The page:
The best time to conduct photo shoots and behind-the-scene interviews with the talent is when the picture is still in production and while the actors are still in character. If you wait until after the production wraps, you may have difficulty getting folks back together. Plus, that's an additional expense if you have to fly everyone back to your location just for a photo shoot. On a micro-budget film, you need to save all your coins.

An excellent film marketing plan should utilize all of the activities mentioned above to jump-start a movie campaign's media blitz. The strategy should focus on purposefully driving awareness and interest by finding, targeting, and spending on audiences through creative media content, digital engagement, and publicity.

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Final thoughts…

In this blog, I've shown you how independent filmmakers must initiate their film marketing strategy from conception all the way to the grave. Film marketing never ends. You must consistently think of innovative ways to breathe new life into your baby.

  • You've learned film marketing has its own eco-system.

  • You've learned branding is not just about creating a sales tool. It's about the connection.

  • You've learned a publicist manages the process of submitting press releases to media outlets.

  • You've learned product placement could potentially help you save on prop purchases.

  • You've learned your distributor may ask for a set visit to gen-up interest in your film.

  • And, you've learned advertising includes thinking of ideas for your promotional materials.

An excellent exercise for you would be to create an outline of the marketing activities you will take towards planning your marketing strategy. Generating an outline is a great way to organize your media campaign. Here's a worksheet to help get you started: Marketing Worksheet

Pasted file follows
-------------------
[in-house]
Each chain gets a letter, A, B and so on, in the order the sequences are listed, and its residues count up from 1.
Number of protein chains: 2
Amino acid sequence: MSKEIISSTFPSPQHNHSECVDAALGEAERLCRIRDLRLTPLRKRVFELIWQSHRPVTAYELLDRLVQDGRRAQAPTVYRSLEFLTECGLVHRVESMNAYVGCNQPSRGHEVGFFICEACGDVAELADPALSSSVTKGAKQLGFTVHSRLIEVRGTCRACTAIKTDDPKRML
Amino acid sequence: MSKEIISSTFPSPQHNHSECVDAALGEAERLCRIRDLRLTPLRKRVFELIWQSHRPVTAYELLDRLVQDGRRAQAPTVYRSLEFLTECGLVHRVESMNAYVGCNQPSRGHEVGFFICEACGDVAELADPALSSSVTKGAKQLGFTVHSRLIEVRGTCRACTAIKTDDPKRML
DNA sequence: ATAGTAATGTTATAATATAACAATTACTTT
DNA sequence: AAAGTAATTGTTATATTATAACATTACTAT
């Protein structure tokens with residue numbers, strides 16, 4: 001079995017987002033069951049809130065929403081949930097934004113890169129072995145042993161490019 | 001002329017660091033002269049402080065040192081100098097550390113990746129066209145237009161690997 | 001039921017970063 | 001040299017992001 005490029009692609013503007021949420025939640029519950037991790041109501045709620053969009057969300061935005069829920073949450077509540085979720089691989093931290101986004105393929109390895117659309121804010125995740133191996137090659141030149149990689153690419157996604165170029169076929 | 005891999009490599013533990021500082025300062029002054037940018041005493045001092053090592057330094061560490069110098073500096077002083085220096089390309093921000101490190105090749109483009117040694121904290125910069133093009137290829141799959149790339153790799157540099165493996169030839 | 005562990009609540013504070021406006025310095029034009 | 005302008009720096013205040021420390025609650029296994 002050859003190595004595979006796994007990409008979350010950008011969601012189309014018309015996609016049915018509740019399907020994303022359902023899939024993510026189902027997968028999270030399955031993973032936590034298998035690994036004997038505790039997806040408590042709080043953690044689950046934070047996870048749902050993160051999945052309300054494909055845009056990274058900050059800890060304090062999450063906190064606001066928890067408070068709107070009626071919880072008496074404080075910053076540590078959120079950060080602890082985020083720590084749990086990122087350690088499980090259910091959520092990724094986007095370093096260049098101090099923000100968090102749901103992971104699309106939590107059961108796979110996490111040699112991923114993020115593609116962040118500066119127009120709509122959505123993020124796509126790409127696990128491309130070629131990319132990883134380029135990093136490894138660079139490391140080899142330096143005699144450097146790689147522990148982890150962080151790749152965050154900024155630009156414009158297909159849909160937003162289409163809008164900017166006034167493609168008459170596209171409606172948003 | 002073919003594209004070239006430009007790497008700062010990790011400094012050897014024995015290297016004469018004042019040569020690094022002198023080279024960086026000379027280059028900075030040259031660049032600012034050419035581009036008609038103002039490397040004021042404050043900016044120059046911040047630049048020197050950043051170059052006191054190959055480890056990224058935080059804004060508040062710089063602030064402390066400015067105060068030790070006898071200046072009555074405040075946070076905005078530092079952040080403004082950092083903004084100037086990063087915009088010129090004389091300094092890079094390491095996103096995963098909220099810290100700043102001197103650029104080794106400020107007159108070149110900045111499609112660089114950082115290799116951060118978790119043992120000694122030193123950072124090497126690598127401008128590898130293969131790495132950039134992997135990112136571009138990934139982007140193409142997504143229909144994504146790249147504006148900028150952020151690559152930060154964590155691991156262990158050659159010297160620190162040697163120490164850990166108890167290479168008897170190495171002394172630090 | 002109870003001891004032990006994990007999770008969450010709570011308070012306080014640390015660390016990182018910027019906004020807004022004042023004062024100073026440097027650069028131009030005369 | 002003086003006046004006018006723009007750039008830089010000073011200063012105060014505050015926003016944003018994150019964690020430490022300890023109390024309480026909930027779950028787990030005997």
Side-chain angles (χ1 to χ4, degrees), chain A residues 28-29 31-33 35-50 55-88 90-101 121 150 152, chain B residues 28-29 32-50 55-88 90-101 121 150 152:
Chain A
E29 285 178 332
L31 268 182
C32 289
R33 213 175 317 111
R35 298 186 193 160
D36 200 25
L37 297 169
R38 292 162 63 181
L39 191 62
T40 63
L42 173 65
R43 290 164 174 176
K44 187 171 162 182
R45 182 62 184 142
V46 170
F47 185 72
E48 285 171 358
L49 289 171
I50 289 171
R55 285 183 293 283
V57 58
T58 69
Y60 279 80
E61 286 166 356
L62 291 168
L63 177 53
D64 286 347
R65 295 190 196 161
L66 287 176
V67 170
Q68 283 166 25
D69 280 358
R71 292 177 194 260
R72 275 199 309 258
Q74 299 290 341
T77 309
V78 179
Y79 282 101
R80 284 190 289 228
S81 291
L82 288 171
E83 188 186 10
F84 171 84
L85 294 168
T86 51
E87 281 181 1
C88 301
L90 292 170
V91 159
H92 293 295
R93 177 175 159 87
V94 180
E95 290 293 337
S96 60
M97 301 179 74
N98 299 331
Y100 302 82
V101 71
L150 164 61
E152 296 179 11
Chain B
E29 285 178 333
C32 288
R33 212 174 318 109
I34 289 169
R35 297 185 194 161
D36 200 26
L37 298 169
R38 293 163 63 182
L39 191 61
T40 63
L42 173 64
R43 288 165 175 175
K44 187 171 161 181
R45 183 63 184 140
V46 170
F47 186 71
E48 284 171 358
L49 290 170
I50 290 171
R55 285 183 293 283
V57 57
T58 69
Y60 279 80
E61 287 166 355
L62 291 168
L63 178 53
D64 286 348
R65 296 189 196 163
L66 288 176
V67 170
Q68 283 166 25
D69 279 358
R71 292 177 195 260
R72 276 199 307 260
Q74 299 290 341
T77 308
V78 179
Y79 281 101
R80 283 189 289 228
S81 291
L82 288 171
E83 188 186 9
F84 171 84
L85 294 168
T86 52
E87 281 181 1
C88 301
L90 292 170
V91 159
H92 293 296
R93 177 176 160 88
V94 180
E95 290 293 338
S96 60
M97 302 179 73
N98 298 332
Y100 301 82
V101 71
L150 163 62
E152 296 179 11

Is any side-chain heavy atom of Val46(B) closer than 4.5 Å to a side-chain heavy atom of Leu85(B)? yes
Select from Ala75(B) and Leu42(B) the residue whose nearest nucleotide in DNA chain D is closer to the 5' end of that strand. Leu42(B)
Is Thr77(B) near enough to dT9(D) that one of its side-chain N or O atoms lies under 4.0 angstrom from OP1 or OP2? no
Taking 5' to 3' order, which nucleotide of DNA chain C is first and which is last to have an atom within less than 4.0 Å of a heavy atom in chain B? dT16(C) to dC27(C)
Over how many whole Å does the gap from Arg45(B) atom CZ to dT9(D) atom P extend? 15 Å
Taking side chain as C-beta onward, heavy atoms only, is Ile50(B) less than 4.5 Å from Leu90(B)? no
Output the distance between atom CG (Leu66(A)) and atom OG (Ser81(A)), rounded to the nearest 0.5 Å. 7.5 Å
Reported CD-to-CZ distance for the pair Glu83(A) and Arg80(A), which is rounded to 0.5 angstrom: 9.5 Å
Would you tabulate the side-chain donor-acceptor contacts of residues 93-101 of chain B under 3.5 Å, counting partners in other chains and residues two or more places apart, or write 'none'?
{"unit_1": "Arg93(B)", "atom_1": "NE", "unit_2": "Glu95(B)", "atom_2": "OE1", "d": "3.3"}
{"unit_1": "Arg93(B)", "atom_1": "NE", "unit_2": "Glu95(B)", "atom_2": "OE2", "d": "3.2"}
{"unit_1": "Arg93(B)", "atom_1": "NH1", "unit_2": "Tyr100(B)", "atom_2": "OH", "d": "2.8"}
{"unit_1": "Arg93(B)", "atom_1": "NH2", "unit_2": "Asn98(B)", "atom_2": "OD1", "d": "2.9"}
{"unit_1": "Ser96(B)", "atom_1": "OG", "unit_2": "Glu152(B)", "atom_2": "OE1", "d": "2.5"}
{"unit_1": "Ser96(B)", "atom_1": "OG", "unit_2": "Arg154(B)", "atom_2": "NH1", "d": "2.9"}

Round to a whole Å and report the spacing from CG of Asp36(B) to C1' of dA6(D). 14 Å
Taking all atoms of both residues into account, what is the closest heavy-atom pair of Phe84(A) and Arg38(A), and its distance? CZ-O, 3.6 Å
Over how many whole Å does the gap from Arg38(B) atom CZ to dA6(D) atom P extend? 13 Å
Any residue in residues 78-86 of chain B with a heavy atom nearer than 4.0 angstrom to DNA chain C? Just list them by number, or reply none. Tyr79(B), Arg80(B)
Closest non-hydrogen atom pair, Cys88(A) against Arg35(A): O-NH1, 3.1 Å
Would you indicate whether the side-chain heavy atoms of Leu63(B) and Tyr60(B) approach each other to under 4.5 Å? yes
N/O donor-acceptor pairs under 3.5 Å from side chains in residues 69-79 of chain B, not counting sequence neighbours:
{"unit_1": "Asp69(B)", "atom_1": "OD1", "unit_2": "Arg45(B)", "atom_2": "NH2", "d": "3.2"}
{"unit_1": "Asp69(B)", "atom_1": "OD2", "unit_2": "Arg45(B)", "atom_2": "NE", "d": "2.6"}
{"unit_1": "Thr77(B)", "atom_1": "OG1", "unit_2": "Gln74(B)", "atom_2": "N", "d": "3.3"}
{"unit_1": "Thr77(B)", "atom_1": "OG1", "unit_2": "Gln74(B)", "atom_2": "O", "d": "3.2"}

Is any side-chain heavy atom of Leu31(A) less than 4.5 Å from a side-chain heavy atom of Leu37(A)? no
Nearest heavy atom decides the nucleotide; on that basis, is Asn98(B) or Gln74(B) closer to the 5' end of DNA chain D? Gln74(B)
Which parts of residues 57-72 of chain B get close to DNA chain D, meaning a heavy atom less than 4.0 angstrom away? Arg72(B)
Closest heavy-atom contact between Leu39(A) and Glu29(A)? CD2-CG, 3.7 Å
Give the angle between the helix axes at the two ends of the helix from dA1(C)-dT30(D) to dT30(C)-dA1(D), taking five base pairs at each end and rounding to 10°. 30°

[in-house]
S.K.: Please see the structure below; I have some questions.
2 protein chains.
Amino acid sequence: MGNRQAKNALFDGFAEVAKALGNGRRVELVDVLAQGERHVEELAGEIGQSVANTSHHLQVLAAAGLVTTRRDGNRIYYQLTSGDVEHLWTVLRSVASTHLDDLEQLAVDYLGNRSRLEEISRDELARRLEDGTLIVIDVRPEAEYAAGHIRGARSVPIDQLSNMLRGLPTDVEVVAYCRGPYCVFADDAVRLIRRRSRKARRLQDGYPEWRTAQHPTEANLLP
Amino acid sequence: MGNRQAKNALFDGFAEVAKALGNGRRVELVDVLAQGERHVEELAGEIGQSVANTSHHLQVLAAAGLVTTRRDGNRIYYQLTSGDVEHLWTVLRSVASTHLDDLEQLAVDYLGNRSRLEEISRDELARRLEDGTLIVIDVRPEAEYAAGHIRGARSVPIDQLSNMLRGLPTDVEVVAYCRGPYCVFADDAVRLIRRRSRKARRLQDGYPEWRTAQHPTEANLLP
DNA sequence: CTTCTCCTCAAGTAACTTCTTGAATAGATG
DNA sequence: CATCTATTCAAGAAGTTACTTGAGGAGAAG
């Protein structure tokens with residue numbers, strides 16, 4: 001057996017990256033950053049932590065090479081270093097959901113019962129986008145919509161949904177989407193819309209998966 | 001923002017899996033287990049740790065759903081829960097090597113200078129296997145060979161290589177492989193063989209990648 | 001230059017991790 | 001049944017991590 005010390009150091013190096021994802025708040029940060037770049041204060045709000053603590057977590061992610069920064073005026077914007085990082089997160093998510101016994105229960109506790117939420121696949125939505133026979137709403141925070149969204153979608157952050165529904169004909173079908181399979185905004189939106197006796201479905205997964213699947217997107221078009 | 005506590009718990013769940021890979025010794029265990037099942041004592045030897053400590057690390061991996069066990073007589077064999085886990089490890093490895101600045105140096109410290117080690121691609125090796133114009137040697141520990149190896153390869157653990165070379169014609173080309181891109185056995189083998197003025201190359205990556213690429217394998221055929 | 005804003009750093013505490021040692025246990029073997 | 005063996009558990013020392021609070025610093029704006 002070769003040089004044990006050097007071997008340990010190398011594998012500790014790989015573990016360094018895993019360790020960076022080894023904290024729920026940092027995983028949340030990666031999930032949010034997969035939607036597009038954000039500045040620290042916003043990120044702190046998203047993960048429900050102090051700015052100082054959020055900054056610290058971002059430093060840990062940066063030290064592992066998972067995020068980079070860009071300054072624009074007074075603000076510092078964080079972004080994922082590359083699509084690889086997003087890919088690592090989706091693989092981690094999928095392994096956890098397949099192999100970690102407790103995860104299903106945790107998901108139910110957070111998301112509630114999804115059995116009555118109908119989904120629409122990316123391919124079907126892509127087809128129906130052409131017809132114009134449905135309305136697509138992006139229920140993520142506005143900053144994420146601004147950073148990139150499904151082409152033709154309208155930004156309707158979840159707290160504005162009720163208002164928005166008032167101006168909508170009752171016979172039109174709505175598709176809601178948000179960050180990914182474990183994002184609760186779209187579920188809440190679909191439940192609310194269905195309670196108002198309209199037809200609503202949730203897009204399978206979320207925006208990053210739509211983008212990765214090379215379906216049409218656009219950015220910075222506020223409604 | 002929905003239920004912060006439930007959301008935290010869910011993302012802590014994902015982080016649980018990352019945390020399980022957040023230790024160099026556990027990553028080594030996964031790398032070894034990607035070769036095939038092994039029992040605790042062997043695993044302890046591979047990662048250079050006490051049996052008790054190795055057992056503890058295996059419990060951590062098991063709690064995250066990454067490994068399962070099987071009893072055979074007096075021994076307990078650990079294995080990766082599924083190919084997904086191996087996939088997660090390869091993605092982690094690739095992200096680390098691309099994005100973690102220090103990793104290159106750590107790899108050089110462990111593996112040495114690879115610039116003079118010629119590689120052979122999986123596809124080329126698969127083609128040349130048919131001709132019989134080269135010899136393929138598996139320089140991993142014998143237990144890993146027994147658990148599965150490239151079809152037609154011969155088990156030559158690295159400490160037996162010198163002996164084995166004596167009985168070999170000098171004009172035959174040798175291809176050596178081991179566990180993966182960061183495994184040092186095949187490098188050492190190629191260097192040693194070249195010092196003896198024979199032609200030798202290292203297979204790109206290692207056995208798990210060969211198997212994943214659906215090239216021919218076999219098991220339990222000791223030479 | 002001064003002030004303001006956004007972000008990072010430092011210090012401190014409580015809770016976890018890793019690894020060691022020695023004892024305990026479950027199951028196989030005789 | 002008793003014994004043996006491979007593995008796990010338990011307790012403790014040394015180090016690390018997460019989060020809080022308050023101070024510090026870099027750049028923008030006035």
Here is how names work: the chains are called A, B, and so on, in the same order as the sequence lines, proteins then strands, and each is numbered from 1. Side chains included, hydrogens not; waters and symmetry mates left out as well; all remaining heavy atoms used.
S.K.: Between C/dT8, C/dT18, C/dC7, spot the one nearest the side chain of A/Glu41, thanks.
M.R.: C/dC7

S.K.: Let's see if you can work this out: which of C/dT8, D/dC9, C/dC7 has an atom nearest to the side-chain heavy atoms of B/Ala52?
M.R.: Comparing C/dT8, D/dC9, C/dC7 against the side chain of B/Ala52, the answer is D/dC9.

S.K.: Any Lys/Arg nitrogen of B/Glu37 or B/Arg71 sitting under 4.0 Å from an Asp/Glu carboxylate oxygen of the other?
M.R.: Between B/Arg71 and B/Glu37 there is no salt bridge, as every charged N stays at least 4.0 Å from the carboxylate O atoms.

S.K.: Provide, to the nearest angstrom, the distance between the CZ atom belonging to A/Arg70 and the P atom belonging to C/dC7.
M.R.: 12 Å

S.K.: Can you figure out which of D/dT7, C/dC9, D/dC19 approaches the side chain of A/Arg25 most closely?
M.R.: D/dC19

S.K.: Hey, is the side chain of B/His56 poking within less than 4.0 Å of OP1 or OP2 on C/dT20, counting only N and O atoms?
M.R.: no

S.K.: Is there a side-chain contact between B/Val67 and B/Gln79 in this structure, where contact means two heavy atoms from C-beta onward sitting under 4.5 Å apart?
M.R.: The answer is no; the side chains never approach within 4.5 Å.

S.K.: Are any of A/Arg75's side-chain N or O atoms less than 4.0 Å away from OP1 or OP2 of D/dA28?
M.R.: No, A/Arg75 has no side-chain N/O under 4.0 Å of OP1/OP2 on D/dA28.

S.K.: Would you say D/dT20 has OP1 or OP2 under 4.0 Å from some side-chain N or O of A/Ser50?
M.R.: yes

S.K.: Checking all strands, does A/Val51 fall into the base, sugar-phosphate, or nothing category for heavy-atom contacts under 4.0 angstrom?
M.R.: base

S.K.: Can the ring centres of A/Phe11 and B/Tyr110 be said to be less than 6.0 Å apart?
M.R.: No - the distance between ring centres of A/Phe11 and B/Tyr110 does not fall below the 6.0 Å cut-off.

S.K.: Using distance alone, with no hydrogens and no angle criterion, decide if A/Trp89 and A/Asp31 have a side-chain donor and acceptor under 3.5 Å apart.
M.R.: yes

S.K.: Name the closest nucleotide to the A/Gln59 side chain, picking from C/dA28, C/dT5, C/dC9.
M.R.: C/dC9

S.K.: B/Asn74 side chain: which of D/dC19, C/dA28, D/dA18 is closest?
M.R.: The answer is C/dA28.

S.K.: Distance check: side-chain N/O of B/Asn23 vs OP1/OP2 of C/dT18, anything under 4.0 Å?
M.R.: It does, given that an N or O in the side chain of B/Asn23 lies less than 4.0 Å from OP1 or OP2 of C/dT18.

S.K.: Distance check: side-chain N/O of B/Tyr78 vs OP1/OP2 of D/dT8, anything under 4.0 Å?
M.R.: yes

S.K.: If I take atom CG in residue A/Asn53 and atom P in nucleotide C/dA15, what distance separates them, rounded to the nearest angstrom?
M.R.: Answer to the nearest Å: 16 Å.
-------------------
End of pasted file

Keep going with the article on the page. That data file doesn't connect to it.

Remember, this is not a pointless exercise. Strategizing for your film begins in the development stage. This exercise would be your third step towards figuring out your film's marketing plan.

Good luck!

Oh, and let me know how this exercise works out for your project.

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Of course, Diversity in Cinema Academy has many other resources that I love to share with you, but I wanted to keep this blog strictly about marketing's role during production.

If I had to pick two resources I couldn't live without for my film marketing campaigns, it would be these two tools.

Tool #1 - Canva

Aside from the tools above, I also use many other resources to help me prep for a movie production. Some of them are FREE and some are paid.

You can check out some of the other resources that I love using on Diversity in Cinema Academy's resources page. You can view all of the resources for Filmmakers, Content Creators and Screenwriters from the links provided.

From filmmaking tools, to content creation tools, to screenwriting tools... they all can be found in the tools section of Diversity in Cinema Academy's website. I highly recommend that you check out our tools store! :)

If you like it, please help me to share the resources link with a friend. I would really appreciate it!

Okay, that's all for now. I hope that you have found the information I provided helpful!

Enough information, start planning!



Diversity in Cinema Academy is an online digital media company that primarily uses web-based applications, such as an interactive website and social media platforms, to offer aspiring filmmakers and screenwriters an entertaining and educational place to interact with each other and professional filmmakers.